Leadership Reading to Start Your Week: 4/20/15

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Here are choice articles on hot leadership topics culled from the business schools, the business press and major consulting firms, to start off your work week. I’m pointing you to articles about leadership, strategy, industries, innovation, women and work, and work and learning now and in the future. Highlights include why big ideas mark the path from strategy to execution, the implications of the cheap, convenient cloud, three promises and perils of Big Data, what women can do about gender pay gap, and how MOOCs are taking local knowledge global.

Be sure to look for dots that you can connect.

Note: Some links require you to register or are to publications that have some form of limited paywall.

Thinking about Leadership and Strategy

From Angela Hausman: Strategy, Strategy, Strategy; My Kingdom For The Right One

“Using the wrong strategy with a particular environment can lead to disaster. Think about what happened at Apple when they brought in John Scully from Pepsi as CEO. Scully did a great job for Pepsi (operating in a classical strategic corner), but applying similar strategies to Apple, which operated in the shaping corner almost lead to disaster not just for the company, but its consumers.”

From Ken Favaro: Big Ideas Mark the Path from Strategy to Execution

“Walter, Schultz, Bravo, and Zeitz could have generated all the goals, actions, and implementation discipline that any ‘world class’ executive would have wanted, but that would not have been enough to create a winning enterprise. Instead, they designed innovative strategies based on novel ideas they owned unconditionally, and their commitment to those ideas enabled them to lead their companies through thick and thin to execute their strategies. In other words, their path was problem-idea-strategy-leadership, not goals-actions-implementation.”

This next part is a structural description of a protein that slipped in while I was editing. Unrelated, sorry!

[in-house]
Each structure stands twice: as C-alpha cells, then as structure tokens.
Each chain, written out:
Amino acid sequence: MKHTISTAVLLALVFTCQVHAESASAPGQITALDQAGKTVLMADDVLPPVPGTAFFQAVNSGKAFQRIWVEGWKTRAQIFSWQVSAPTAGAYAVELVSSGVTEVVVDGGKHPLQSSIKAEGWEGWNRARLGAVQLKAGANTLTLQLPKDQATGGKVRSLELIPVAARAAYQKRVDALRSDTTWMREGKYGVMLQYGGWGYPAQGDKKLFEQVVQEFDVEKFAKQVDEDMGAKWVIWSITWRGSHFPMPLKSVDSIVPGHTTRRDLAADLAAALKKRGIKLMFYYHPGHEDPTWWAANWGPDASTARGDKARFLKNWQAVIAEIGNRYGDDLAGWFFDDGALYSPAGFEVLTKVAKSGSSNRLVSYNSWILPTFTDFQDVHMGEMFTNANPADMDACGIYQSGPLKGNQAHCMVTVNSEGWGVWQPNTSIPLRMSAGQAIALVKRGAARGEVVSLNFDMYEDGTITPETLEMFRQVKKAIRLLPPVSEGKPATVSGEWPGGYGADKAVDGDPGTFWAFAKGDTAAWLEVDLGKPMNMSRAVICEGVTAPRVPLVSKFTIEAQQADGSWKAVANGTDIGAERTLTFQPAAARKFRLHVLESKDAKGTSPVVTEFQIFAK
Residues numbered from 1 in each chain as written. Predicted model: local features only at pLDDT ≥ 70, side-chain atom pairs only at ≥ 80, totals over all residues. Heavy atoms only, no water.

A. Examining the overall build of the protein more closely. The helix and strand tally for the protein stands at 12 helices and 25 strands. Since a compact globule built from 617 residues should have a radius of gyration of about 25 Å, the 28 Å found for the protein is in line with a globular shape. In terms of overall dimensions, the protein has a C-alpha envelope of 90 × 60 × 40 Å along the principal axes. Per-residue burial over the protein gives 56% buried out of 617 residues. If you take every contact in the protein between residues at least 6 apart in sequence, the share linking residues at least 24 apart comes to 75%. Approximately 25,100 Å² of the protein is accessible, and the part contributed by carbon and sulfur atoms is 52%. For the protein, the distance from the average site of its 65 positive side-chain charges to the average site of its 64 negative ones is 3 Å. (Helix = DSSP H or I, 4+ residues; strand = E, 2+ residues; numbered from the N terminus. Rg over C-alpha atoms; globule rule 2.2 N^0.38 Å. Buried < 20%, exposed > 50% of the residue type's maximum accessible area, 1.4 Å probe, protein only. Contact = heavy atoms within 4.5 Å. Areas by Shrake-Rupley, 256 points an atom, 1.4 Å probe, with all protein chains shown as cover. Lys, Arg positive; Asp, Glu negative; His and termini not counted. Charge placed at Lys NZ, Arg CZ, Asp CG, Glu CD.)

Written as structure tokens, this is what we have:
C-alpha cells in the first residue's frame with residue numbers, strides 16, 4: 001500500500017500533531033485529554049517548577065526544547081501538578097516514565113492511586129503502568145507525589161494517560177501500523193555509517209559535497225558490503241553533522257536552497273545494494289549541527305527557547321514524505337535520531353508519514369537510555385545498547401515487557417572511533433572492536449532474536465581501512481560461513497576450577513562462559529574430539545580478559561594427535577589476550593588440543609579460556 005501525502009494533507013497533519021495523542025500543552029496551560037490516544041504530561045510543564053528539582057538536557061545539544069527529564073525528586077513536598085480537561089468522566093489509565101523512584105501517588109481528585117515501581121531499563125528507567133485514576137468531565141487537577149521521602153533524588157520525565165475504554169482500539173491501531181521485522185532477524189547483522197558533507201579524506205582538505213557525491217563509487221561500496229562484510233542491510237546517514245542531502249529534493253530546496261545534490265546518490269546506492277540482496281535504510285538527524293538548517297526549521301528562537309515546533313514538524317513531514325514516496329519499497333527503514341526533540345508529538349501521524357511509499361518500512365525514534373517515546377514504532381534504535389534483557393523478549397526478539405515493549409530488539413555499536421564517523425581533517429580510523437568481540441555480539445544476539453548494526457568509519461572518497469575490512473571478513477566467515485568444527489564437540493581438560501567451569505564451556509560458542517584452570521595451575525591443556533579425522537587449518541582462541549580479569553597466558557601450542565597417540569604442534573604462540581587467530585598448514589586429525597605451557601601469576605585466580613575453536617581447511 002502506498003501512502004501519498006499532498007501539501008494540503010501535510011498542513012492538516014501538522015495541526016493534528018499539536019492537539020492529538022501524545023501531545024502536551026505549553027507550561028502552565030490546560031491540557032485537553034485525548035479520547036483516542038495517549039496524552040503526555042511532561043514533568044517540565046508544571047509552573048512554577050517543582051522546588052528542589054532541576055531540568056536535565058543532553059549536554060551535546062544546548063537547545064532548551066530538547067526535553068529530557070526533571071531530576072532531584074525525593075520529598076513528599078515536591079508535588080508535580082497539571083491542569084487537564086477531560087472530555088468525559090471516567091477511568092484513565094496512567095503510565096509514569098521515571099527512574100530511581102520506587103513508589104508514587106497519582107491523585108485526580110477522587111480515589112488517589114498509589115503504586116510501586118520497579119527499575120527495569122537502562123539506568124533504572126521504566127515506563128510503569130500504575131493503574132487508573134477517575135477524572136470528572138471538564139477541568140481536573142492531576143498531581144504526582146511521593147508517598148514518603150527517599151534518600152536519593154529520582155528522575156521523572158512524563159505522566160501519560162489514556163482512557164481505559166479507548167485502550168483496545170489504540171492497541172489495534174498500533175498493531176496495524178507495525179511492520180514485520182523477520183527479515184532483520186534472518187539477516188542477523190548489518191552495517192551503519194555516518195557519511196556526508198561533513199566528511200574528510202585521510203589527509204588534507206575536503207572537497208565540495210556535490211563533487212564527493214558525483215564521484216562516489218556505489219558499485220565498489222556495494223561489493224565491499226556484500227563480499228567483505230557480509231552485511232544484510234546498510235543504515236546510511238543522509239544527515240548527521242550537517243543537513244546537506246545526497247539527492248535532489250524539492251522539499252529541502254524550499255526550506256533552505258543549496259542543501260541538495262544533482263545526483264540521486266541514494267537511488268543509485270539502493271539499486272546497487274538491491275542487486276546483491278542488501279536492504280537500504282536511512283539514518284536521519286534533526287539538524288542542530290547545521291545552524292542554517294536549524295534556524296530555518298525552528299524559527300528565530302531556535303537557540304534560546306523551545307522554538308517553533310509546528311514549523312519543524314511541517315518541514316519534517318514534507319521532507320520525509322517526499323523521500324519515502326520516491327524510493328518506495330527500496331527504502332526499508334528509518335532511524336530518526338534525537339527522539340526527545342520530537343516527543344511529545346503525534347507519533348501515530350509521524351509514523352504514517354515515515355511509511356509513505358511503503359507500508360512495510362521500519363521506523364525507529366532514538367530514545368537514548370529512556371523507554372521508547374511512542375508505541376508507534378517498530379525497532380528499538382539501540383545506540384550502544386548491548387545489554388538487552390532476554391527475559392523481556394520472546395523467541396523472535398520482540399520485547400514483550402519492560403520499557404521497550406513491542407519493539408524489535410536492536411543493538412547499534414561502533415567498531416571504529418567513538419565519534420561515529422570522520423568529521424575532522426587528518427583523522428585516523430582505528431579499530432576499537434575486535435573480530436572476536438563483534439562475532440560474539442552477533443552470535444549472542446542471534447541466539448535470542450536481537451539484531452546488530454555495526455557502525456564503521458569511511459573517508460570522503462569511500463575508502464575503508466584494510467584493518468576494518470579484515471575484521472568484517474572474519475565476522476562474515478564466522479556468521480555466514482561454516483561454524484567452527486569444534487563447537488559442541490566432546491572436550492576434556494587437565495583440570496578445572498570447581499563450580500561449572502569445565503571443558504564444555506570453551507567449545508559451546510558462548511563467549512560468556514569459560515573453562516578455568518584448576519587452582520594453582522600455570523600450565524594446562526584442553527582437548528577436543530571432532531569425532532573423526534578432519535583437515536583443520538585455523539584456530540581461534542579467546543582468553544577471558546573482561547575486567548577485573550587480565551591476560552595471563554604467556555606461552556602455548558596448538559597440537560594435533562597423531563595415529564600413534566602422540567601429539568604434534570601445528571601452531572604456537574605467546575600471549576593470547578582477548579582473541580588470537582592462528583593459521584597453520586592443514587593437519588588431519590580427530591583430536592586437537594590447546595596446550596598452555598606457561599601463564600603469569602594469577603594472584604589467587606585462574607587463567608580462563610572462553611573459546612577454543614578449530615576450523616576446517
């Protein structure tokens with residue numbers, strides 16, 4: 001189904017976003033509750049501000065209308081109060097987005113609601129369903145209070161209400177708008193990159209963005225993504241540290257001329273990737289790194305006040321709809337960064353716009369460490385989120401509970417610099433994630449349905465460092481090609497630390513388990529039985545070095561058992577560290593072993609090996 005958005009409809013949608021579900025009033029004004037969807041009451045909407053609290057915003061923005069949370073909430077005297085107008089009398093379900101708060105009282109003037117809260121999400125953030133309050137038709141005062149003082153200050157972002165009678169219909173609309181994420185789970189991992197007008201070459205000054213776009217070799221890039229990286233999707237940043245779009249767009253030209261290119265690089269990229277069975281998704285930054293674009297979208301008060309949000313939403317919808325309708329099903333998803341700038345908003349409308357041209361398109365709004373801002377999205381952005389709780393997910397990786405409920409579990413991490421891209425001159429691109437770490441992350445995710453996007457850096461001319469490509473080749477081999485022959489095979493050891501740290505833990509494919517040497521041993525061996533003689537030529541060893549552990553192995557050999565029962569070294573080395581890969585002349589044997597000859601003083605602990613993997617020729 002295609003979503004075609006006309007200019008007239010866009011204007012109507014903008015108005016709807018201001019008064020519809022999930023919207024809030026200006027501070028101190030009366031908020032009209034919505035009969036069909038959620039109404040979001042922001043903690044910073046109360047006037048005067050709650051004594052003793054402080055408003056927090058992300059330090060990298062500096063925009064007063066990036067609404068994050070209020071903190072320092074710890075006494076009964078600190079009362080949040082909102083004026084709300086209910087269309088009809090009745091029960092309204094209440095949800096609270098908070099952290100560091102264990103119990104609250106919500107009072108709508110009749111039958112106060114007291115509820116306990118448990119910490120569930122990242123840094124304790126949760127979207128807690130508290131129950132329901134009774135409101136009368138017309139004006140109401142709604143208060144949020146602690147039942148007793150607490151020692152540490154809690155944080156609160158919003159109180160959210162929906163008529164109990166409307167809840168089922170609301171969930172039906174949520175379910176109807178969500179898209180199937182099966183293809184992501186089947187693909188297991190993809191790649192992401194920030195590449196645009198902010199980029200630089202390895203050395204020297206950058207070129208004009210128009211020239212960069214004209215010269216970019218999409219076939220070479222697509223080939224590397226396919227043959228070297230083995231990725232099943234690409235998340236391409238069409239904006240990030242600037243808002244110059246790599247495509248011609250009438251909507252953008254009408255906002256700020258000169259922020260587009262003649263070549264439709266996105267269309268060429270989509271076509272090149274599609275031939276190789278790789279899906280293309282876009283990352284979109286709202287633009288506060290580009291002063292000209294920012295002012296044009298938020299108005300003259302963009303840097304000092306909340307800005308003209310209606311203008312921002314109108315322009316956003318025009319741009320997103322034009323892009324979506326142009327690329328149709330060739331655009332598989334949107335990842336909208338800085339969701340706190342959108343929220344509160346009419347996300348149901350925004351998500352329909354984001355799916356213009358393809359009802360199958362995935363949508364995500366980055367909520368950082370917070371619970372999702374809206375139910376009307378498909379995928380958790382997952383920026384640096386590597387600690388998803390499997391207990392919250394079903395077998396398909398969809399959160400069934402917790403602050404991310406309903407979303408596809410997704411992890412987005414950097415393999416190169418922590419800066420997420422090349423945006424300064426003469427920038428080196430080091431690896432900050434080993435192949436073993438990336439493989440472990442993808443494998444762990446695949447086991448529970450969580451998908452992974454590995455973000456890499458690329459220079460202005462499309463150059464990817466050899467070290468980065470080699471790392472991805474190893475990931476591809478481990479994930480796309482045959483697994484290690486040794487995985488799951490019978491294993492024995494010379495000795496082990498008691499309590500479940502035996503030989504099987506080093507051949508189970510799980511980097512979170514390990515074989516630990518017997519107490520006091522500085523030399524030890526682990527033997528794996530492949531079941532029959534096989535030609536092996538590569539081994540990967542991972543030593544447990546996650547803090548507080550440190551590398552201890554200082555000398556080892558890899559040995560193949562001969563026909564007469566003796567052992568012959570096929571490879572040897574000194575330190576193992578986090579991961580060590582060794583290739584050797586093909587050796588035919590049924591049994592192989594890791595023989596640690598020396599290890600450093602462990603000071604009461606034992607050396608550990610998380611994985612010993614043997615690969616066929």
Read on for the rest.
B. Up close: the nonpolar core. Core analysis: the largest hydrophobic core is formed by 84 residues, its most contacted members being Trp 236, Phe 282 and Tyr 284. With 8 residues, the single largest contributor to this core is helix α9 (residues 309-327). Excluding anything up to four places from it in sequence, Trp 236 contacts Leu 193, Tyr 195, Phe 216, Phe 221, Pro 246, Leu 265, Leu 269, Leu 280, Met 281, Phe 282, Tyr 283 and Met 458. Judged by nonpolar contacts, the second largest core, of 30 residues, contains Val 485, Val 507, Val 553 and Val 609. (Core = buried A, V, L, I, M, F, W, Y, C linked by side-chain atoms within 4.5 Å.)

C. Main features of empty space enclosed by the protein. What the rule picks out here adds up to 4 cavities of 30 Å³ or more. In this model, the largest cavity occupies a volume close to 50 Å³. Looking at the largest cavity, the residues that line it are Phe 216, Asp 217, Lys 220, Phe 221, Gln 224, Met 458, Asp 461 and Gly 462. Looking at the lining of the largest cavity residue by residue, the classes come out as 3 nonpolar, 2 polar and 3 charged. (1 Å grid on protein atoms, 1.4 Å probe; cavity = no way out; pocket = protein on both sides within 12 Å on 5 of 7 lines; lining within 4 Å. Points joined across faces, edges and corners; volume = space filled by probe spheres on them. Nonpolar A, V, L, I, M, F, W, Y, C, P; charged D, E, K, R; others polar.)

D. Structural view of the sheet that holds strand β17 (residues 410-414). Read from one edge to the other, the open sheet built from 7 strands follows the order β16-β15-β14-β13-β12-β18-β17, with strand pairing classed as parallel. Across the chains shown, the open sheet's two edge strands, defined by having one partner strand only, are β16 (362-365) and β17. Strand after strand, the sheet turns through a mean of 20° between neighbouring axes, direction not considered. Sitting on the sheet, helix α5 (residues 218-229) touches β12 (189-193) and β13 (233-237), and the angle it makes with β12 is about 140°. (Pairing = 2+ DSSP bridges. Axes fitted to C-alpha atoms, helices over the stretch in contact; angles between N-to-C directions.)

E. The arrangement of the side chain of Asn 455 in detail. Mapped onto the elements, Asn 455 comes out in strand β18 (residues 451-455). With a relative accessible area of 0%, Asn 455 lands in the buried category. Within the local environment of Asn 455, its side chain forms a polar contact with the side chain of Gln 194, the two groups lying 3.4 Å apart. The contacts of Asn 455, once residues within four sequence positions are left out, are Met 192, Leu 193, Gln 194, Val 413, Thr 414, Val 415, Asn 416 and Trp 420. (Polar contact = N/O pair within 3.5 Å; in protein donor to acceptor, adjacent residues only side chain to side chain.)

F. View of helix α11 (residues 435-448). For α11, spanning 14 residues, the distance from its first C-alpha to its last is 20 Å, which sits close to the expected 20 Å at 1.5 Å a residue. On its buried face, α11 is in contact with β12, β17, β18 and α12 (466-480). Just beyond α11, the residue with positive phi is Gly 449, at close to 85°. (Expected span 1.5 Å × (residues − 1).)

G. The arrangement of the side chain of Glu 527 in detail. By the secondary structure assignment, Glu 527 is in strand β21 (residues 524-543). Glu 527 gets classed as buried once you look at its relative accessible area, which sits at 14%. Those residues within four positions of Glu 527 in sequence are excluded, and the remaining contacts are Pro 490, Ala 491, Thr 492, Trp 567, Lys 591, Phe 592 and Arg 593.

From W. Chan Kim and Renée Mauborgne: The Secret to a Successful Strategic Planning Process

“A strategy canvas can help CEOs and their teams visualize their company’s current strategic position in its marketplace and chart its future strategy. By building a strategic planning process around a strategy canvas, the C-suite can focus its attention on the big picture rather than by becoming immersed in numbers and operational details.”

Industries and Analysis

From Kim Severson: There’s No Mayonnaise Like My Mayonnaise

“Are you a Hellmann’s fan or devoted to Duke’s? Brands have their die-hard followers.”

From the Economist: The cheap, convenient cloud

“As cloud-computing prices keep falling, the whole IT business will change.”

From James Bradshaw: Streaming wars: How disruptors are shaking up the TV business

“The new six-part television drama Between chronicles a town besieged by a disease that spares only the young, leaving teenagers in charge. But watch closely when it premieres next month and you might catch a glimpse of a TV world in similar turmoil.”

Innovations and Technology

From Eric Almquist, John Senior, and Tom Springer: Three promises and perils of Big Data

“Big Data solution providers make big promises. Just plug your data into our solution, they say. We’ll deliver a stream of insights that enable dramatic improvements in marketing productivity, customer experience quality and service operations efficiency. It’ll be a snap for you and your team; our technology and your data scientists will do all of the heavy lifting.”

From Bruno Lanvin and Thierry Geiger: The World’s Most Tech-Ready Countries 2015

“Those able to harness the power of information and communication technology are reaping ever more benefits. But in poor countries, digital poverty is holding back growth and development, leaving them further behind.”

From James Heskett: Are Technology Companies Ripe for Disruption?